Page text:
Search America's historic newspaper pages from 1777-1963 or use the U.S. Newspaper Directory to find information about American newspapers published between 1690-present. Chronicling America is sponsored jointly by the National Endowment for the Humanities external link and the Library of Congress. Learn more
About The Corvallis times. (Corvallis, Or.) 1888-1909
Corvallis, Or. (1888-1909)
- The Corvallis times. : (Corvallis, Or.) 1888-1909
- Place of publication:
- Corvallis, Or.
- Geographic coverage:
- B.F. Irvine
- Dates of publication:
- -v. 22, no. 4 (June 25, 1909).
- Began in 1888.
- Semiweekly <May 28, 1894>-June 25, 1909
- Corvallis (Or.)--Newspapers.
- Also issued on microfilm from University of Oregon.
- Archived issues are available in digital format from the Library of Congress Chronicling America online collection.
- Daily ed.: Daily times (Corvallis, Or.), <1909>
- Description based on: Vol. 2, no. 2 (Mar. 5, 1889).
- Merged with: Corvallis weekly gazette, to form: Gazette-times (Corvallis, Or.).
- Some irregularities in numbering.
- Preceding Titles:
- Succeeding Titles:
- Related Links:
- View complete holdings information
- First Issue Last Issue
The Corvallis Times and The Gazette-Times
The Corvallis [Oregon] Times was founded by Robert Johnson in 1888, who ran the paper for five years, selling in 1893 to Benjamin (B.F.) Irvine. Irvine had begun his newspaper career at age 13 as the correspondent of an Albany (Oregon) weekly, before failing eyesight drove him to farming work. When the opportunity came for him to become editor and owner of the Corvallis Times, Irvine took the post in spite of his vision impairment. He would later remark that he did not regard his failing eyesight as a handicap, but that it somehow aided him to expand his energies and sensibilities.
Under Irvine's ownership, the Times was merged with the Benton Leader in 1893 to serve as "The Official Paper of Benton County." The eight-page, six-column spread was issued every Wednesday at a subscription cost of $2 per annum. The Times displayed a wide range of content in its early days, touching on news at the local, state, and international levels. The first page included briefs of current events, "important news of all kinds boiled down and arranged for busy people." Subsequent pages included "Local Lore," county news "From Our Country Cousins," special interest stories, and advertisements for local services and business. Advertisements in early issues stated that 6,000 people could be reached through the columns of the Corvallis Times. By 1905, the paper was published on a semiweekly basis every Friday and Tuesday evening, with issues ranging from four to eight pages.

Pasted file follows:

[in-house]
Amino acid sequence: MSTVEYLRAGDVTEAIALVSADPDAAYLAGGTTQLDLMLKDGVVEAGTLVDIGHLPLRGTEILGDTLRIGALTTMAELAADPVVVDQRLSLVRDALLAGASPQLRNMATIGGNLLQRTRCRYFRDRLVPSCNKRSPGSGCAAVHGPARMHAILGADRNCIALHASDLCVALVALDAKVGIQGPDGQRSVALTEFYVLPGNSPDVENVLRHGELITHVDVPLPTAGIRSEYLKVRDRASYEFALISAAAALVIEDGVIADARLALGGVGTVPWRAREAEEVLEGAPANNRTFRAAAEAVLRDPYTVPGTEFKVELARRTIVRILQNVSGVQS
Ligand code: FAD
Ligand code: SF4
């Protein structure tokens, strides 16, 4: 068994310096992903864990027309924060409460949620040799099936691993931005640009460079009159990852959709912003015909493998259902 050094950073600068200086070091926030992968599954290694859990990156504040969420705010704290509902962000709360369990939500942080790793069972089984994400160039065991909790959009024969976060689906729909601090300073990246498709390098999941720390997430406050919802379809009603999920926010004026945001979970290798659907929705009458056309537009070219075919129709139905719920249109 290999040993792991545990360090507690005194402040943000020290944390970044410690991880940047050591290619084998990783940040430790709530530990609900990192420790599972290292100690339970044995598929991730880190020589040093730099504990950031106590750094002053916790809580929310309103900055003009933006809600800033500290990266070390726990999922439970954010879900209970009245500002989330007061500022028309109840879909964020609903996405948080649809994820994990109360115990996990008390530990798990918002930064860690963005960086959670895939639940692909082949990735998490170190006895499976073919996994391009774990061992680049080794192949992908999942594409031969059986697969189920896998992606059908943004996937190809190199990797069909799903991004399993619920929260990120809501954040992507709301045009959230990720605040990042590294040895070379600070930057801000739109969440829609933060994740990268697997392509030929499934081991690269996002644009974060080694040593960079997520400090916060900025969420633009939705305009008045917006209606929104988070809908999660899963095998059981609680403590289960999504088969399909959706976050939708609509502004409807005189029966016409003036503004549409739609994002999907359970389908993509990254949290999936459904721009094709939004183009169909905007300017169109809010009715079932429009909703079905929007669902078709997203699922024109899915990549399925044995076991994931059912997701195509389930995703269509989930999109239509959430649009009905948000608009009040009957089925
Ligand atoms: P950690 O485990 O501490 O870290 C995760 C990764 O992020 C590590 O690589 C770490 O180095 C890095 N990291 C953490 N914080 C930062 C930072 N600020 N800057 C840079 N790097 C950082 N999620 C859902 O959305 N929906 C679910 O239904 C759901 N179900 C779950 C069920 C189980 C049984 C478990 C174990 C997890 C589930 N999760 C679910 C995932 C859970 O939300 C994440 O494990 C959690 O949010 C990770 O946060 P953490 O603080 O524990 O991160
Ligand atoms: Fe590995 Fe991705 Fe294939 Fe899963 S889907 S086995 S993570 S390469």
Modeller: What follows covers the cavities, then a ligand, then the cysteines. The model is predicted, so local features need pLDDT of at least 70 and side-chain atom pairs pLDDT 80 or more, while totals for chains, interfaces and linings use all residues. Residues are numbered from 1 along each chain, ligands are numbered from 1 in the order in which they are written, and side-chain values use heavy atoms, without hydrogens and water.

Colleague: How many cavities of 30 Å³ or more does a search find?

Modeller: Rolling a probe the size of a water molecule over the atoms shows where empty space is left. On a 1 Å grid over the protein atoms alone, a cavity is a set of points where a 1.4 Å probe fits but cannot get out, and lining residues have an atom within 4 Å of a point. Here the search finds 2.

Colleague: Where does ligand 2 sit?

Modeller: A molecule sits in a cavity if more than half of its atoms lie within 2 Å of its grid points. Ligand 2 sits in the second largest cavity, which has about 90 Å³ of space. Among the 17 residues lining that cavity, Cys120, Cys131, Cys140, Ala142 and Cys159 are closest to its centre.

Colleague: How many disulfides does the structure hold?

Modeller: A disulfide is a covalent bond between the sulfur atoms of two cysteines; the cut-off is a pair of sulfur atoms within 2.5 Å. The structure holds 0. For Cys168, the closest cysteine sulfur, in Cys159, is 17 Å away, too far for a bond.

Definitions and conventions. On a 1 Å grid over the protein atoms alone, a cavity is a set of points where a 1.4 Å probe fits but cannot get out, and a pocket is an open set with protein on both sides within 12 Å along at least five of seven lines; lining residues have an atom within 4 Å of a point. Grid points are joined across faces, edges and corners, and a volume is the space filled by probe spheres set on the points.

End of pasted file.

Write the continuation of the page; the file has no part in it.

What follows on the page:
Irvine left his helm at the Times in 1908 after joining the Portland Oregon Daily Journal as a staff writer. Later that year, N.R. Moore took over as editor and publisher of the Times, "an independent paper, politically and otherwise, with an ambition to see Corvallis a city of 15,000 and Benton's population 30,000 in 1915." With business conditions on the rise in Corvallis, Moore began nursing the idea of starting a daily edition. He was beat to the punch by Charles L. Springer and the Corvallis Weekly Gazette in May 1909, though talks of consolidation soon began between the two papers. The consolidation appealed to both Springer and Moore, since neither the Times nor the Gazette had a plant adequate for the publication of a daily paper.
The consolidation of the two papers was announced in the first issue of the Gazette-Times, published July 2, 1909. The proprietors aimed for the partnership to "give to the public the best possible newspaper service that conditions will warrant and to keep making improvements commensurate with the growth of the city and country." The Gazette-Times ran for only two issues under that name, changing July 16, 1909 to the Weekly Gazette-Times, which was published in conjunction with the Daily Gazette-Times. This paper lineage continues today as the Corvallis Gazette-Times, in publication since 1921.
Provided by: University of Oregon Libraries; Eugene, OR